More reports on: Engineering, Auto ancillaries

Robert Bosch leads German research project for smart factories

news
06 June 2014

A consortium of industrial companies and academic partners led by Robert Bosch GmbH is working on the cyber-physical production systems (CPPS), a fully-automated and scalable production system that would allow industry to manufacture more flexibly and efficiently.

CPPS is an integrated information and communication infrastructure that connects an entire system of intelligent machines, storage systems, and operating resources, that can autonomously exchange information, trigger processes, and control each other, even between companies.

Supported by the German federal ministry for economic affairs and energy, the CoCoS (Context-Aware Connectivity and Service Infrastructure for Cyber-Physical Production Systems) project kicked off at the beginning of this year and is set to run through the end of 2016.

A research team has set itself the task of developing an integrated infrastructure where technical production processes are closely linked to the business processes, and can be easily and flexibly controlled or modified to allow optimum use of resources.

This is a shift away from the present-day automated production systems that are organised hierarchically with each process assigned to a level. With each level having its own function and sometimes even its own communications technology this can lead to data discontinuity which could result in changes in the production process – especially at interfaces – becoming cumbersome, time-consuming, and consequently expensive.

In contrast, CPPS can promptly respond to a changed need. Because all technical production processes are closely linked to the business processes, they can be easily and flexibly controlled or modified to allow optimum use of resources.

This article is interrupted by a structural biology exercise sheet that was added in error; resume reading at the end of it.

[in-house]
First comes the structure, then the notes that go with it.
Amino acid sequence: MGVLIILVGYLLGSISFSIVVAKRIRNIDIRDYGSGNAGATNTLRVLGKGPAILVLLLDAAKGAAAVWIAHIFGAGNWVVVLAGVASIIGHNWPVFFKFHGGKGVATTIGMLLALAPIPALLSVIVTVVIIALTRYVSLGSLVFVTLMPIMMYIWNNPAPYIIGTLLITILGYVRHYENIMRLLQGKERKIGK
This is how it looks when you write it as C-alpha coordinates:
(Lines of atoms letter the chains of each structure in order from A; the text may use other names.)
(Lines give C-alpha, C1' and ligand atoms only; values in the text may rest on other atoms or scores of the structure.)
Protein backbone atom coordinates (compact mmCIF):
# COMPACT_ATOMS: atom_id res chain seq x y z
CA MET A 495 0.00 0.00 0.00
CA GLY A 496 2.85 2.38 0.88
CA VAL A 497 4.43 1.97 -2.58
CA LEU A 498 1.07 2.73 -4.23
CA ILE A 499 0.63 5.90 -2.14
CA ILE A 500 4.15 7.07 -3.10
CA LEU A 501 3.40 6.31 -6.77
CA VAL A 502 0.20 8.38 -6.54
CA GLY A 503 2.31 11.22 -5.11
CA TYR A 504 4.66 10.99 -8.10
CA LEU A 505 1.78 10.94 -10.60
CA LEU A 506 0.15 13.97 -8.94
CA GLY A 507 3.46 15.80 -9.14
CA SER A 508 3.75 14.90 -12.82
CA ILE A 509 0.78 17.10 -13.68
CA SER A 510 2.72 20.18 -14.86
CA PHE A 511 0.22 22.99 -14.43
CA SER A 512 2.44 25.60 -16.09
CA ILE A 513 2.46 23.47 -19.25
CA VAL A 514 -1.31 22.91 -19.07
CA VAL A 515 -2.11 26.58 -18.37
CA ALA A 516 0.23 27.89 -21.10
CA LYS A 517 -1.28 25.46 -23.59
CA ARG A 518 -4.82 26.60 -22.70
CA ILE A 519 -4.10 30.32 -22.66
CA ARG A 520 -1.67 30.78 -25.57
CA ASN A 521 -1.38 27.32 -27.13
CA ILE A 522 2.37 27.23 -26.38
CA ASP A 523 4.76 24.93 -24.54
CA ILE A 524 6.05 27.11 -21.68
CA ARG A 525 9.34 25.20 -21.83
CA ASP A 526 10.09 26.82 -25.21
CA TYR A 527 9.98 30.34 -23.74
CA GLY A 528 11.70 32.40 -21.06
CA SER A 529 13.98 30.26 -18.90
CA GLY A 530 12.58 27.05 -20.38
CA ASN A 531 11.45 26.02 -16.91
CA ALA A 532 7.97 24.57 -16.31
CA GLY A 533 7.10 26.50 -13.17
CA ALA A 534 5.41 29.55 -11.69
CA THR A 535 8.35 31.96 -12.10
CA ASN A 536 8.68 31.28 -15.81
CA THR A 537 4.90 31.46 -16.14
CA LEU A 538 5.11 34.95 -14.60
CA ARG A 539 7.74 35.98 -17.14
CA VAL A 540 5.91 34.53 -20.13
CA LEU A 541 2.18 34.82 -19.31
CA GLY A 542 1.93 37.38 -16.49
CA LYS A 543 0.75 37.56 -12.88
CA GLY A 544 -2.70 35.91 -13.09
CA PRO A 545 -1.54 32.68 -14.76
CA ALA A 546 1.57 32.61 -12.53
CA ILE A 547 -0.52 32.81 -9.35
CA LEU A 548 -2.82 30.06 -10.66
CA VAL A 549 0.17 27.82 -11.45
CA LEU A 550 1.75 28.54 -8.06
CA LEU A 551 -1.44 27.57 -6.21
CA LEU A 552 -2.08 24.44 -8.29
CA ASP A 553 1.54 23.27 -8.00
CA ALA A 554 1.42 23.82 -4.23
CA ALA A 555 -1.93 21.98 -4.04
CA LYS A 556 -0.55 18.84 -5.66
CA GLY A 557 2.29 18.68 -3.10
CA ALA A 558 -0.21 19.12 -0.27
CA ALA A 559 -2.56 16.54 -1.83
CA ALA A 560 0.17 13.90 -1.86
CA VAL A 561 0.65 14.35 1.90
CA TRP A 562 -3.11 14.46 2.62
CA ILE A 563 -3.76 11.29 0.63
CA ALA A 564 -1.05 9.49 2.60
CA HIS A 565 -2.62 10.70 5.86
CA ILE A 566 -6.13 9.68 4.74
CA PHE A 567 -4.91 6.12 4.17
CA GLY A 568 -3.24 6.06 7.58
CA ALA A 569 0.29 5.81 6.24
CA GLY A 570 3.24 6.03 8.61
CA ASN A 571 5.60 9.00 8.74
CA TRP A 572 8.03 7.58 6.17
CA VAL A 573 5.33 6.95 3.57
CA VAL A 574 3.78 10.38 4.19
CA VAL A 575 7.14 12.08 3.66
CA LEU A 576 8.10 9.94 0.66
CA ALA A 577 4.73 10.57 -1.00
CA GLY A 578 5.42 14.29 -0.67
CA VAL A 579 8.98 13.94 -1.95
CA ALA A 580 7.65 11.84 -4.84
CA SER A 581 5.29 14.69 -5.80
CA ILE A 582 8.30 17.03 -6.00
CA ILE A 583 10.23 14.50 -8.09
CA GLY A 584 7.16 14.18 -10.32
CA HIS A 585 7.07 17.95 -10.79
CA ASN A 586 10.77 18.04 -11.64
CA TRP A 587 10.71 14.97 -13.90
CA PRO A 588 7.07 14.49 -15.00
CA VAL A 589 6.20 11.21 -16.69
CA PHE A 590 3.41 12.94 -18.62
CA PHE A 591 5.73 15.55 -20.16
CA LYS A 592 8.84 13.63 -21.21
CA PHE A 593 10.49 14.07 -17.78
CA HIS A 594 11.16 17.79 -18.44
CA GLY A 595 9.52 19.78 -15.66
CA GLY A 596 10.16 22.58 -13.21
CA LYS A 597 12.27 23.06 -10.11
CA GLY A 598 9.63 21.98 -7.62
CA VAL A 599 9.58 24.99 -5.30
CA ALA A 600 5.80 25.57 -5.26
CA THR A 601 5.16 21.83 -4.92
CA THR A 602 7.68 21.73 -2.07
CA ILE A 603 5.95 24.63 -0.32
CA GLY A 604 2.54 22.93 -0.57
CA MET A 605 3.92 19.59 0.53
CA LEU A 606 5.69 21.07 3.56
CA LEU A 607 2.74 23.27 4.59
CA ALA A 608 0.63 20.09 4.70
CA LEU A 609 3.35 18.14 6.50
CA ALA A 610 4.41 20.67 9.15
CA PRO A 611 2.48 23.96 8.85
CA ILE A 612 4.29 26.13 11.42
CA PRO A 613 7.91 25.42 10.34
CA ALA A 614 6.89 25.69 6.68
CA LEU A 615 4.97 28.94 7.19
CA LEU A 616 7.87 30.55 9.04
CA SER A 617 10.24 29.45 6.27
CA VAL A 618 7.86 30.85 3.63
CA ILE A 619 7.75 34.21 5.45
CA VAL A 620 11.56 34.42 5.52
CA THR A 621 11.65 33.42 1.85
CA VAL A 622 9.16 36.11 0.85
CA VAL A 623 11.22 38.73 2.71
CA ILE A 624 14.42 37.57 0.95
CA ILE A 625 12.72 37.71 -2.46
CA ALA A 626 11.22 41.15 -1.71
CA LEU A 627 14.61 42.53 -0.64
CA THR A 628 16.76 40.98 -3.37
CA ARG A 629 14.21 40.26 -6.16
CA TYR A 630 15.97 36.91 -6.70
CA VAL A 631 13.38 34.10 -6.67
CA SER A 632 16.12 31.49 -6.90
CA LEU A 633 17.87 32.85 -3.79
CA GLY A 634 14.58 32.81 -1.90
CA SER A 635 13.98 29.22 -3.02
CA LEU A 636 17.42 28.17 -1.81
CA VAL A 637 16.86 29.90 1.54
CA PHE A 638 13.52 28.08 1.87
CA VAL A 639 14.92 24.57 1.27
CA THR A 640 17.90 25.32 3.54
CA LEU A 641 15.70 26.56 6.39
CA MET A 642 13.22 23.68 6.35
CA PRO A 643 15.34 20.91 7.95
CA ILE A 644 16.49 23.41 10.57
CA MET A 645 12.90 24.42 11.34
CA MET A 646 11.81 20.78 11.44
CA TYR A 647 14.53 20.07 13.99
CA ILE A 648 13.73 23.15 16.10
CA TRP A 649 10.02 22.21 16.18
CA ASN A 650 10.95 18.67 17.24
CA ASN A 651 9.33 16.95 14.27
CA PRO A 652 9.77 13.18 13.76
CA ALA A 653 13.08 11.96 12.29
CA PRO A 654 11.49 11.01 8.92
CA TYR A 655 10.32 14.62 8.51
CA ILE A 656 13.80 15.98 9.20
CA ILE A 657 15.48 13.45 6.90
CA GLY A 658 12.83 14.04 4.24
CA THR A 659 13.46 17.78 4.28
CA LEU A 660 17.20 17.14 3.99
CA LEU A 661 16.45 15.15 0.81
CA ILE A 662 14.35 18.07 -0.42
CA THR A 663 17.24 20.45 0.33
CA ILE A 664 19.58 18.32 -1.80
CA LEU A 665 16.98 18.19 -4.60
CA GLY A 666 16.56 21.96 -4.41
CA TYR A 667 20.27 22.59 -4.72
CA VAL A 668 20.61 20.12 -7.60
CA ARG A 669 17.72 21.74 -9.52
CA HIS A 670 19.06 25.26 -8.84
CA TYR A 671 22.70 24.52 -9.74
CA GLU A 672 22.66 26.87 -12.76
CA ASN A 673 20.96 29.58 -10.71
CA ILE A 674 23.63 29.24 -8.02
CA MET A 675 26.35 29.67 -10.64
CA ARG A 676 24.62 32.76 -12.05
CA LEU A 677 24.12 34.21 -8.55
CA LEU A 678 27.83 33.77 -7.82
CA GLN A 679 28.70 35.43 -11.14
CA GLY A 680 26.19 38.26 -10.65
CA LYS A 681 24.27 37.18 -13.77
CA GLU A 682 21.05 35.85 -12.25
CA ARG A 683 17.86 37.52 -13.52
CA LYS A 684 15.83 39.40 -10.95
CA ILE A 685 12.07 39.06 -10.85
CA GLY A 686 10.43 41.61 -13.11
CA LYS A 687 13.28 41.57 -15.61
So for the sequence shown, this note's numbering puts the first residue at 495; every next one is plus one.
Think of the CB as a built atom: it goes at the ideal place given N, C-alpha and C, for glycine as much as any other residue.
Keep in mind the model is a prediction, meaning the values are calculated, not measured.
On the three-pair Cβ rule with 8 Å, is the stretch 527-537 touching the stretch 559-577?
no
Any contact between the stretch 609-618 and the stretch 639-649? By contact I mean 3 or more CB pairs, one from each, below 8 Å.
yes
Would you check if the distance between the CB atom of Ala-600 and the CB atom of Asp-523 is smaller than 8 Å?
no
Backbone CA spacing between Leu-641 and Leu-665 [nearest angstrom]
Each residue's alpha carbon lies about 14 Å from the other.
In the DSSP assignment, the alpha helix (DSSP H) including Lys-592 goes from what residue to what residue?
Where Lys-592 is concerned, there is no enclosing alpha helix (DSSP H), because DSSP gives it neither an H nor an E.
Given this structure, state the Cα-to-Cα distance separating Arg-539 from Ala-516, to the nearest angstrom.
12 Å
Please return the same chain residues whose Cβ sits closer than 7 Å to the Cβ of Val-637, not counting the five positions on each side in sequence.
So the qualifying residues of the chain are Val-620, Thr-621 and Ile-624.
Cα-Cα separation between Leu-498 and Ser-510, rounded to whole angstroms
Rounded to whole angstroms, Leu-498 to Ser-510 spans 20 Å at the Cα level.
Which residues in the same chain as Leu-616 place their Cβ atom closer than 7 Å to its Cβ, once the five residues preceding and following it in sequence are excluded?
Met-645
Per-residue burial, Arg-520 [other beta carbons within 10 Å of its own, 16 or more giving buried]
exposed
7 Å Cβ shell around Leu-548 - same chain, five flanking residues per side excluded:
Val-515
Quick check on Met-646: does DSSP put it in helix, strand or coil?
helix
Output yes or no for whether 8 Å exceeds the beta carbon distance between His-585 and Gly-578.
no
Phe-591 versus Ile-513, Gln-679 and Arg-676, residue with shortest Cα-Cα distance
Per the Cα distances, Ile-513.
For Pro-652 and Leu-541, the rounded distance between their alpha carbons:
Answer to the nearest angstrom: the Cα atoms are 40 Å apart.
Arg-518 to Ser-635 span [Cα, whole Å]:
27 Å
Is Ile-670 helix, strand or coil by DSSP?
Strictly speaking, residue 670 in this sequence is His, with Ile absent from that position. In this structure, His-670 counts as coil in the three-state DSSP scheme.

CPPS relies on cooperative network architectures, not hierarchical ones; this means the entire CPPS is connected, including all sensors and actuators. Moreover, it is designed to connect to several CPPS and also integrate isolated solutions. This allows companies to control the entire production process uniformly and across locations, from management to logistics.

CoCoS project researchers want to use standardised software to integrate the individual production components into the overall system – merging what were previously separate levels to create a flexible structure.

The CPPS landscape is based on two platforms. First, the networking platform, which is scalable and hence easily expanded, determines the way in which the manufacturing components as well as the embedded sensors and actuators communicate with each other. Building on this networking platform, the services platform comprises software for controlling the entire modular system and includes smart applications such as software agents, knowledge databases, and business apps.

This structure supports the development of new electronic services and makes modern manufacturing facilities more autonomous. Cloud computing can be used to integrate and couple together different cyber-physical production systems.

Other consortium partners include the German Research Center for Artificial Intelligence GmbH (DFKI) in Kaiserslautern, DMG Electronics GmbH in Pfronten, Technische Universität Berlin, trustsec IT-Solutions GmbH in Stuttgart, and XETICS GmbH in Stuttgart.

To document the performance capacity of the new platform philosophy, three of the partners – Bosch, DFKI, and DMG – are each building a demonstrator. These individual demonstrators will then be coupled together and evaluated.

The CoCoS findings will lend themselves to application wherever production is split into several steps, such as the delivery of raw materials, the manufacture of components, or finished products – even when the production steps take place in different companies or at different locations belonging to a single company. CoCoS is thus helping to establish CPPS, which in turn will form the core of smart factories.

''Industry will be able to use the structures and functions of the internet of things to create smart, flexible production systems, making them a vanguard of the so-called fourth industrial revolution (Industry 4.0). This could give Germany a distinct competitive advantage both as a manufacturing location and as a leading global provider of plant equipment,'' Bosch said in a release.

Part of the ''Autonomics for Industry 4.0'' technology programme, CoCoS is receiving some 2.4 million euros of funding from the German federal ministry of economic affairs and energy, following a decision in the German Bundestag.





 search domain-b
  go